Brazil slaps multimillion dollar fines on companies responsible for oil spill

Environmental authorities slapped multimillion dollar fines on a shipping yard and a shipping company Tuesday over an oil spill that fouled 14 kilometers (9 miles) of beaches outside this city.

Ibama, Brazil's environmental protection agency, fined the shipping yard Enave/Renave and Mascot Shipping Ltd. _ which owned the ship that spilled oil _ 10 million reals (US$4.3 million) each.

The spill occurred Saturday night, when a Bahamas-flagged ship cracked its hull in a minor accident as it approached the shipyard. It isn't clear what the ship hit to cause the leak.

The spill dumped 14,100 liters (3,725 gallons) of oil into Guanabara Bay.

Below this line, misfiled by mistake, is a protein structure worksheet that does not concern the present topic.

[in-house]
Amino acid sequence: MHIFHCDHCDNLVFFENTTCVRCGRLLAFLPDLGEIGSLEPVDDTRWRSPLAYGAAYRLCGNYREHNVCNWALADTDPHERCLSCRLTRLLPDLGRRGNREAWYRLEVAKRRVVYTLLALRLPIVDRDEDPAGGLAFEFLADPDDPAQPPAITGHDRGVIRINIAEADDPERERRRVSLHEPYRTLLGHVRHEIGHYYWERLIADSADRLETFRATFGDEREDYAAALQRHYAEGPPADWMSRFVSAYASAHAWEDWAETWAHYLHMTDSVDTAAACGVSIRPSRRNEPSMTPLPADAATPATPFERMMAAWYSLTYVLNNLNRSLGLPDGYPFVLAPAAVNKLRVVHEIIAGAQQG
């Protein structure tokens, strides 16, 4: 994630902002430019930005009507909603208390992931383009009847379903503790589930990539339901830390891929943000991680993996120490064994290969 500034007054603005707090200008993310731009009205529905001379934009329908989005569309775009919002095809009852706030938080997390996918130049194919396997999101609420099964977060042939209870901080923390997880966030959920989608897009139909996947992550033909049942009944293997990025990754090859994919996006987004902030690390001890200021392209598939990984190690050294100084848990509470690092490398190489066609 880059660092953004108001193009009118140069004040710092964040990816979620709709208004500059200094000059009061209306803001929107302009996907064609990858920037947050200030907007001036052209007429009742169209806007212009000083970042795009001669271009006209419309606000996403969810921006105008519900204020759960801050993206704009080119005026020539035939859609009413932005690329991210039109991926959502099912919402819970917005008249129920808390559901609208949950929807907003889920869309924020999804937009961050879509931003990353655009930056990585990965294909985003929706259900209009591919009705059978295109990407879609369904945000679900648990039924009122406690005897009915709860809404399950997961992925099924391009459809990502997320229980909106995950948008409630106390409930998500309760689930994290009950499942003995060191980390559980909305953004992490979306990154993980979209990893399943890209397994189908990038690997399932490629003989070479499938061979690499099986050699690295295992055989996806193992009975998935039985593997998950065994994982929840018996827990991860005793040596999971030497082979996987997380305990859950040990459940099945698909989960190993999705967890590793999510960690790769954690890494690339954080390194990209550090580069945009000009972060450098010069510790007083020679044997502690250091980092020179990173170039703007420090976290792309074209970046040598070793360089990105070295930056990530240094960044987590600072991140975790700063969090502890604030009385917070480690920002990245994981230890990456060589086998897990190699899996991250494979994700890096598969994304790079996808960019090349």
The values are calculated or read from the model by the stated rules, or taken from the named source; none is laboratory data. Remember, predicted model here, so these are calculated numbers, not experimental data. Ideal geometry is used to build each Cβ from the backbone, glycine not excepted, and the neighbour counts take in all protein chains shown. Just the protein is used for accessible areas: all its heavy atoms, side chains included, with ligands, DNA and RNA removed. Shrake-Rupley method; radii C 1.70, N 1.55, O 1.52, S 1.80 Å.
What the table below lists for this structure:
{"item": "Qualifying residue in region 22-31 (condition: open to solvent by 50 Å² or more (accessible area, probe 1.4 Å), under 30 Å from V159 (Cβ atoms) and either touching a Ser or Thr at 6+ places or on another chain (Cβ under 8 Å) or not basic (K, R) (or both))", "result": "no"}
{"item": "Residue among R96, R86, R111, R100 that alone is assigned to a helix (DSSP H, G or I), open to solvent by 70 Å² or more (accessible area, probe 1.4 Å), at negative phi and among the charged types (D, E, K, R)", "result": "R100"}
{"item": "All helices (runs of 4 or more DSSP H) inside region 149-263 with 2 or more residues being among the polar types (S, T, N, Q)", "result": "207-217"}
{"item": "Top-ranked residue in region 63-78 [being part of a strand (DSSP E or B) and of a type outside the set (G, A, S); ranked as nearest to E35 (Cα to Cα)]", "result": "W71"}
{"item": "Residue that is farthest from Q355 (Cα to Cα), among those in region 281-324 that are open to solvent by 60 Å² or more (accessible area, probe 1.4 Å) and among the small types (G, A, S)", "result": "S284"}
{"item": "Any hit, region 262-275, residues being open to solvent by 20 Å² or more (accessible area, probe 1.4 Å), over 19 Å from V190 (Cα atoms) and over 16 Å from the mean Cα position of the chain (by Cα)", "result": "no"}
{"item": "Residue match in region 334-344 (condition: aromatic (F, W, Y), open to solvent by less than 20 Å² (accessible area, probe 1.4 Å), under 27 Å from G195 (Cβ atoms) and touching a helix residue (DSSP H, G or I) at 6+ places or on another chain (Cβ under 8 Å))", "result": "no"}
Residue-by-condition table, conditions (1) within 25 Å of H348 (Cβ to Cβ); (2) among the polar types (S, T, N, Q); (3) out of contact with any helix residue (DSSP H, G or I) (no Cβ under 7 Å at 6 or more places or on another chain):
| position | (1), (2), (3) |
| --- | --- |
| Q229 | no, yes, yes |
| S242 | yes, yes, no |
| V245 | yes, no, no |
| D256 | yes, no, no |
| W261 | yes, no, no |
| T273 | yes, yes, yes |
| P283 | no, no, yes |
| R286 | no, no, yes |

In statements to police, the ship's captain and shipyard officials blamed each other for the leak.

State authorities at first said the ship had only leaked some 2,000 liters (530 gallons) of oil into the bay, but changed their estimate after oil kept washing up on the beaches of Rio de Janeiro's sister city, Niteroi, just across the bay.

More than 50 truckloads of oil-contaminated sand were removed Sunday from the upscale beaches of Boa Viagem, Flechas and Icarai in Niteroi.

Rio de Janeiro's beaches were not affected, but crews set up floating barriers in the bay in an effort to keep the black oil slick from spreading.

Oil spills are not uncommon in badly polluted Guanabara Bay.

The worst spill occurred in 2000, when a ruptured pipeline at a Petrobras refinery dumped at least 340,000 gallons (1.29 million liters) of crude into the bay, killing birds and fish and devastating environmentally sensitive mangrove swamps.

Brazil's environmental crimes law allows authorities to assign massive fines and even imprison polluters, but often the fines are significantly reduced on appeal, AP reported.